Late Quaternary landscape and vegetation diversity in a North European perspective
Summary, in English
The rarefaction technique applied to fossil pollen sequences for analyzing palynological richness, interpreted as a signal of biological diversity of landscapes and vegetation, has been developed since 1988. Errors including population evenness and vegetation disturbance have been considered in this study. Information from two sites is discussed, one with a pollen diagram covering Late-Glacial (Late Weichselian) Time (14,400–10,500 cal. BP) and another one with a full-Holocene pollen diagram (last 12,500 years), both from southern Sweden. The climate change trend since deglaciation is reflected in a broad-scale biome change, from: (1) Late-Glacial, Arctic–Sub-Arctic open tundra–steppe with high diversity, via (2) Early Holocene, boreal birch–pine woodlands with relatively low diversity, towards (3) Mid-Holocene, nemoral broad-leaved woodlands during a climatic optimum with slightly increasing diversity, and (4) Late Holocene dynamic, human-influenced woodlands with high but fluctuating diversity. Diversity peaks are correlated with deforestation phases which are expansion periods for settlement and human impact. Intervening periods of reduced diversity correspond to forest successions with decreased human impact.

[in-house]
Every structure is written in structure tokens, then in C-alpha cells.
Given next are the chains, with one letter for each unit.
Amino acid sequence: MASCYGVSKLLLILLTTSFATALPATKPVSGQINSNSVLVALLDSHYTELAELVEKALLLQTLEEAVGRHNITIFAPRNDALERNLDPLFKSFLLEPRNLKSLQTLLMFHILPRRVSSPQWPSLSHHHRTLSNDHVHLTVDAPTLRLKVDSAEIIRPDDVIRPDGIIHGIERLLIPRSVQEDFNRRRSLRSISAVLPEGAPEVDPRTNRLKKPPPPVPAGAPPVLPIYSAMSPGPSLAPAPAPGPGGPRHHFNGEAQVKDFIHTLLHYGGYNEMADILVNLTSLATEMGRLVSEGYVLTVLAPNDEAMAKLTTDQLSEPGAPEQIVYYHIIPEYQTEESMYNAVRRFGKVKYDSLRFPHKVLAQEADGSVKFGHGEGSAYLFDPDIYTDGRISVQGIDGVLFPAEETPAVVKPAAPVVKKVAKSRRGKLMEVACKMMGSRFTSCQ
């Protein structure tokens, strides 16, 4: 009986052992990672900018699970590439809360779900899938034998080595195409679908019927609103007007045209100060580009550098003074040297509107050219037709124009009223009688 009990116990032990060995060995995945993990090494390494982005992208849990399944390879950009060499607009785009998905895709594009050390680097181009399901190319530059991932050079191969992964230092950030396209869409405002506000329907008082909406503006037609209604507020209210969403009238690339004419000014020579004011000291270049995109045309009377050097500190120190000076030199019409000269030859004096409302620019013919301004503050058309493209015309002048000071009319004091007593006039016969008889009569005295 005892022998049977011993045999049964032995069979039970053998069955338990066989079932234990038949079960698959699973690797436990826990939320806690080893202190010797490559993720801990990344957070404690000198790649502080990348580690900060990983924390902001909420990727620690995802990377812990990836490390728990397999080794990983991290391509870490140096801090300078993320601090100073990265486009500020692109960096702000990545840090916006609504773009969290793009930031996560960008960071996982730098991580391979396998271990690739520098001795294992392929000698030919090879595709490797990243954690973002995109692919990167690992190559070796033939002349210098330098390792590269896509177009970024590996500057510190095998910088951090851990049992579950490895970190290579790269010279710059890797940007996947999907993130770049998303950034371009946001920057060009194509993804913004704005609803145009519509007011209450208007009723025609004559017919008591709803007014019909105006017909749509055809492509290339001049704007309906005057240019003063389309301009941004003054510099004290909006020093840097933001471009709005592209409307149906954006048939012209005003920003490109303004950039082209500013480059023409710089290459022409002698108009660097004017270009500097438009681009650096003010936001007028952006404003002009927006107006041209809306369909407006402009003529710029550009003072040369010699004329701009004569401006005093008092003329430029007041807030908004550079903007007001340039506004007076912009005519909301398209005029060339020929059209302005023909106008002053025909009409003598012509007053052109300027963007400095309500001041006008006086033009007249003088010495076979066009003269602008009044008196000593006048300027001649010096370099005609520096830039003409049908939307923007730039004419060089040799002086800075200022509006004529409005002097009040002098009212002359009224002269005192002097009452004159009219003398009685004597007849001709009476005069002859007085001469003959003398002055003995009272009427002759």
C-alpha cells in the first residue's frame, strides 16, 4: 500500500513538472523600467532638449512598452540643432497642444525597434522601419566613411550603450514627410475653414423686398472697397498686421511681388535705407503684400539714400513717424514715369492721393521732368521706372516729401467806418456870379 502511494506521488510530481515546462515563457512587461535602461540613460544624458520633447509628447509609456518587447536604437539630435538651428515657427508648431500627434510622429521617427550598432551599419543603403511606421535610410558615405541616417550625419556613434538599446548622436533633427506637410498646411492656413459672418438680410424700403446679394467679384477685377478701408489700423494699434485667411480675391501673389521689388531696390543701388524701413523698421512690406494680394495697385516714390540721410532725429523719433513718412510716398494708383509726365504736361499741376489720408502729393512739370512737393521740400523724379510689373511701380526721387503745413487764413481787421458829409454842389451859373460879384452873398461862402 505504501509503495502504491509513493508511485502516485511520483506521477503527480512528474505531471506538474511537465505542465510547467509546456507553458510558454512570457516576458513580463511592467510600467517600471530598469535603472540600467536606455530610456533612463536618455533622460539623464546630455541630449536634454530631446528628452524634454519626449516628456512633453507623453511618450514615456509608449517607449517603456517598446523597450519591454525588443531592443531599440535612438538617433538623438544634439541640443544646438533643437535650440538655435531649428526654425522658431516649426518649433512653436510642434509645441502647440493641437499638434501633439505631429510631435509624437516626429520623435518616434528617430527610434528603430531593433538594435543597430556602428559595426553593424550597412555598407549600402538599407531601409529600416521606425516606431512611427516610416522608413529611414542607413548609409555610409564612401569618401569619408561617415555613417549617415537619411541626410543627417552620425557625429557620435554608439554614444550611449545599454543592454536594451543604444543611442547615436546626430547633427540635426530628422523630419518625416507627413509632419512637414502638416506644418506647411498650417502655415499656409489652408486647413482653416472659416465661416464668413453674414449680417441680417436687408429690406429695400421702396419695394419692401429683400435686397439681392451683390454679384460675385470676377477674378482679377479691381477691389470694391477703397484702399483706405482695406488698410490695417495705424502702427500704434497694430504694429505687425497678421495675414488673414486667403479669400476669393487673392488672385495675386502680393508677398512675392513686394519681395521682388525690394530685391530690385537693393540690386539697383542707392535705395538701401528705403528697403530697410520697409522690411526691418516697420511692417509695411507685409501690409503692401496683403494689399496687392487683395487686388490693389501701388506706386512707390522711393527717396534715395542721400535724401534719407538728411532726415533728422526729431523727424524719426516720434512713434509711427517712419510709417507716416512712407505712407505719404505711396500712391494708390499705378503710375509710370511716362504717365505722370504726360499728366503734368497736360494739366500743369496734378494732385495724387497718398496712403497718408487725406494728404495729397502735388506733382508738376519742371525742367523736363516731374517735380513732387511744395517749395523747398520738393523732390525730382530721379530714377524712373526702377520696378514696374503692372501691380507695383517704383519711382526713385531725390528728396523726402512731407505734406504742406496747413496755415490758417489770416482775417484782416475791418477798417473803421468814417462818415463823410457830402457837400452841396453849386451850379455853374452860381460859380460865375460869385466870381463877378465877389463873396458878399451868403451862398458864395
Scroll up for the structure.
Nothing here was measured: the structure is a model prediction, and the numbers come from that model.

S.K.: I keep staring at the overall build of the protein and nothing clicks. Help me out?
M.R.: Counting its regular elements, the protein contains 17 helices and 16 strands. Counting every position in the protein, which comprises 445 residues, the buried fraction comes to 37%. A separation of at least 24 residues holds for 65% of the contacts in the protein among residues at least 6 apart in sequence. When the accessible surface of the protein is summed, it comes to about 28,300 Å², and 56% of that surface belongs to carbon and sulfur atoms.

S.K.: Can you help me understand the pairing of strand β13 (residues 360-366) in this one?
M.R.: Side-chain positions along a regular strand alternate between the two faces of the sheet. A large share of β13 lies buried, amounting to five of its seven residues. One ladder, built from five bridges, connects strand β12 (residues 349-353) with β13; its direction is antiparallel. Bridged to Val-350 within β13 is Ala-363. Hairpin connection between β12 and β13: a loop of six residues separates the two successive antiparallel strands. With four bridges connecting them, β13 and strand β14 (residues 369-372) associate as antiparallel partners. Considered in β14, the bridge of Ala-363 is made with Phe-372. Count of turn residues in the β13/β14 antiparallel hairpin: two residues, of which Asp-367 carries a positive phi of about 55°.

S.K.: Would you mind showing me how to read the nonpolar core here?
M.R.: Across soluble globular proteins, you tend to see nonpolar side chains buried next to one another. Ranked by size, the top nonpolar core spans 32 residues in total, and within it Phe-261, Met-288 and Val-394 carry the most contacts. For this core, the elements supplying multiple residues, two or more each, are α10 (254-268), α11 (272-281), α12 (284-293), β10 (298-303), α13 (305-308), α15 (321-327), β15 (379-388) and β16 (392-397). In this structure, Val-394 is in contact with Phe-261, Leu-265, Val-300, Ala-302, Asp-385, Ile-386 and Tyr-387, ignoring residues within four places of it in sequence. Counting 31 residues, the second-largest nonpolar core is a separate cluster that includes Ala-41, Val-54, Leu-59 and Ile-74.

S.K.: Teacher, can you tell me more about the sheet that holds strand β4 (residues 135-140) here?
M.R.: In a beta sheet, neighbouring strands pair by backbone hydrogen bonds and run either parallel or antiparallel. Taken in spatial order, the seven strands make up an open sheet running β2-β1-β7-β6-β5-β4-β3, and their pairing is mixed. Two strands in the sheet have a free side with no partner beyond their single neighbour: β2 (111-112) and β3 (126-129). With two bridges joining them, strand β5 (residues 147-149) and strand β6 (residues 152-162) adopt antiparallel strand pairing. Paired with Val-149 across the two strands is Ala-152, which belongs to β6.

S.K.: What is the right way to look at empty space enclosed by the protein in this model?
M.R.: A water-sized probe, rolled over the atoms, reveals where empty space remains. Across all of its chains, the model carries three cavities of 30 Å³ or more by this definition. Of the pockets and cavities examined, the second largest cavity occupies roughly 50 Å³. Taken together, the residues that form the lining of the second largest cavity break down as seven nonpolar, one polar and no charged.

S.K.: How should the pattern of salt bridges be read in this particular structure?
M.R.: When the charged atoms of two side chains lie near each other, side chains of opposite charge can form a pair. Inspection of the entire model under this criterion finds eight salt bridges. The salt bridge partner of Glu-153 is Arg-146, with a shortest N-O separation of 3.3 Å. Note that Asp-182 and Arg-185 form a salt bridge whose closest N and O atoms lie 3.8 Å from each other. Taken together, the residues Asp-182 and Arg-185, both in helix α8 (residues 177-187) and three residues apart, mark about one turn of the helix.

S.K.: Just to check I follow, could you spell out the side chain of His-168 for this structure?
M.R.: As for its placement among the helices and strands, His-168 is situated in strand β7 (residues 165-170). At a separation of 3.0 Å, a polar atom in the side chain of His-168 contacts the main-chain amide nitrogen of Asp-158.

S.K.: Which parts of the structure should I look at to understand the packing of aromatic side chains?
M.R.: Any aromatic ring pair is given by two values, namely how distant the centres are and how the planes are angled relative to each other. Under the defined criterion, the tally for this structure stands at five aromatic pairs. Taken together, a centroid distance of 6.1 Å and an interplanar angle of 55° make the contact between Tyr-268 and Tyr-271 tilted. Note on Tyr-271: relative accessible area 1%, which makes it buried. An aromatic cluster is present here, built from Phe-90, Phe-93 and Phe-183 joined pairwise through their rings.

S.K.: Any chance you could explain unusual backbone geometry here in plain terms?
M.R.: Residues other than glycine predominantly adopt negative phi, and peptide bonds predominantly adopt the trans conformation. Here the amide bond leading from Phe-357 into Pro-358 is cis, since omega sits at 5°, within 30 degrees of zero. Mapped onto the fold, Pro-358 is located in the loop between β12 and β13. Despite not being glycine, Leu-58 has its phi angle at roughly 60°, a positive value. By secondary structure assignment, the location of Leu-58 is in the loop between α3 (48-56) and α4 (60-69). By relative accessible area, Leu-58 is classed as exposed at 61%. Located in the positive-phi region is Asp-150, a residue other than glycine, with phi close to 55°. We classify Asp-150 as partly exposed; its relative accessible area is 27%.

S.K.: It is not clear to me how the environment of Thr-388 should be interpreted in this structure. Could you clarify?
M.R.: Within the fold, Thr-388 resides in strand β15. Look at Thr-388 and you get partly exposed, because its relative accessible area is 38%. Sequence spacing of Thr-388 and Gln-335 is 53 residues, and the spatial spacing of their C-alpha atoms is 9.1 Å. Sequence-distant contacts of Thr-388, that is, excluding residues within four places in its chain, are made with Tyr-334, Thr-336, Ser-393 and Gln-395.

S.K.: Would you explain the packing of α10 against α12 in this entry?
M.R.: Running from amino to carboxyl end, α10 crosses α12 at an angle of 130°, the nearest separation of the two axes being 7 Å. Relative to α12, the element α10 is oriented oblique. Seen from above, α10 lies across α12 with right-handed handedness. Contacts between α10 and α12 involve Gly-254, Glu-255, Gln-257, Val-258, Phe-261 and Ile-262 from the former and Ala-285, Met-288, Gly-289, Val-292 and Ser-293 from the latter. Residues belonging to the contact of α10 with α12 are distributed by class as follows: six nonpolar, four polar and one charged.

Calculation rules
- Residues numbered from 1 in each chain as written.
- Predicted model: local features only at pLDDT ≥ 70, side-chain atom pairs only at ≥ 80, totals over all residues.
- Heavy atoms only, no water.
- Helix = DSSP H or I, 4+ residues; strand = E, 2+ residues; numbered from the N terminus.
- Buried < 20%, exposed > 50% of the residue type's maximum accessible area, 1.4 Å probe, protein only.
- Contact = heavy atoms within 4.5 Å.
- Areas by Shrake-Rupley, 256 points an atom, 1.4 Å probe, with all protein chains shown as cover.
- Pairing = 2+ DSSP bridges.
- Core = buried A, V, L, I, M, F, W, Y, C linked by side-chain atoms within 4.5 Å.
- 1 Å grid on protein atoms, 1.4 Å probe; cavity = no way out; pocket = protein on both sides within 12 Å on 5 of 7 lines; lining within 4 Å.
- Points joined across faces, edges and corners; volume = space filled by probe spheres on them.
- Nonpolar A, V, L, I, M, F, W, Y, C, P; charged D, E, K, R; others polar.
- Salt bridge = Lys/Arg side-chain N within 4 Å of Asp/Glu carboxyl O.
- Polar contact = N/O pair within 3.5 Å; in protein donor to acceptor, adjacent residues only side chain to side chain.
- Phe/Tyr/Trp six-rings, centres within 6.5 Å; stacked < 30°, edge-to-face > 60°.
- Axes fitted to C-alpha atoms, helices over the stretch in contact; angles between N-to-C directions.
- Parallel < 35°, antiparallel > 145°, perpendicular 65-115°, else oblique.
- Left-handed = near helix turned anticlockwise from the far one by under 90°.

Artikel i tidskrift
Pergamon Press Ltd.
- ISSN: 1873-4553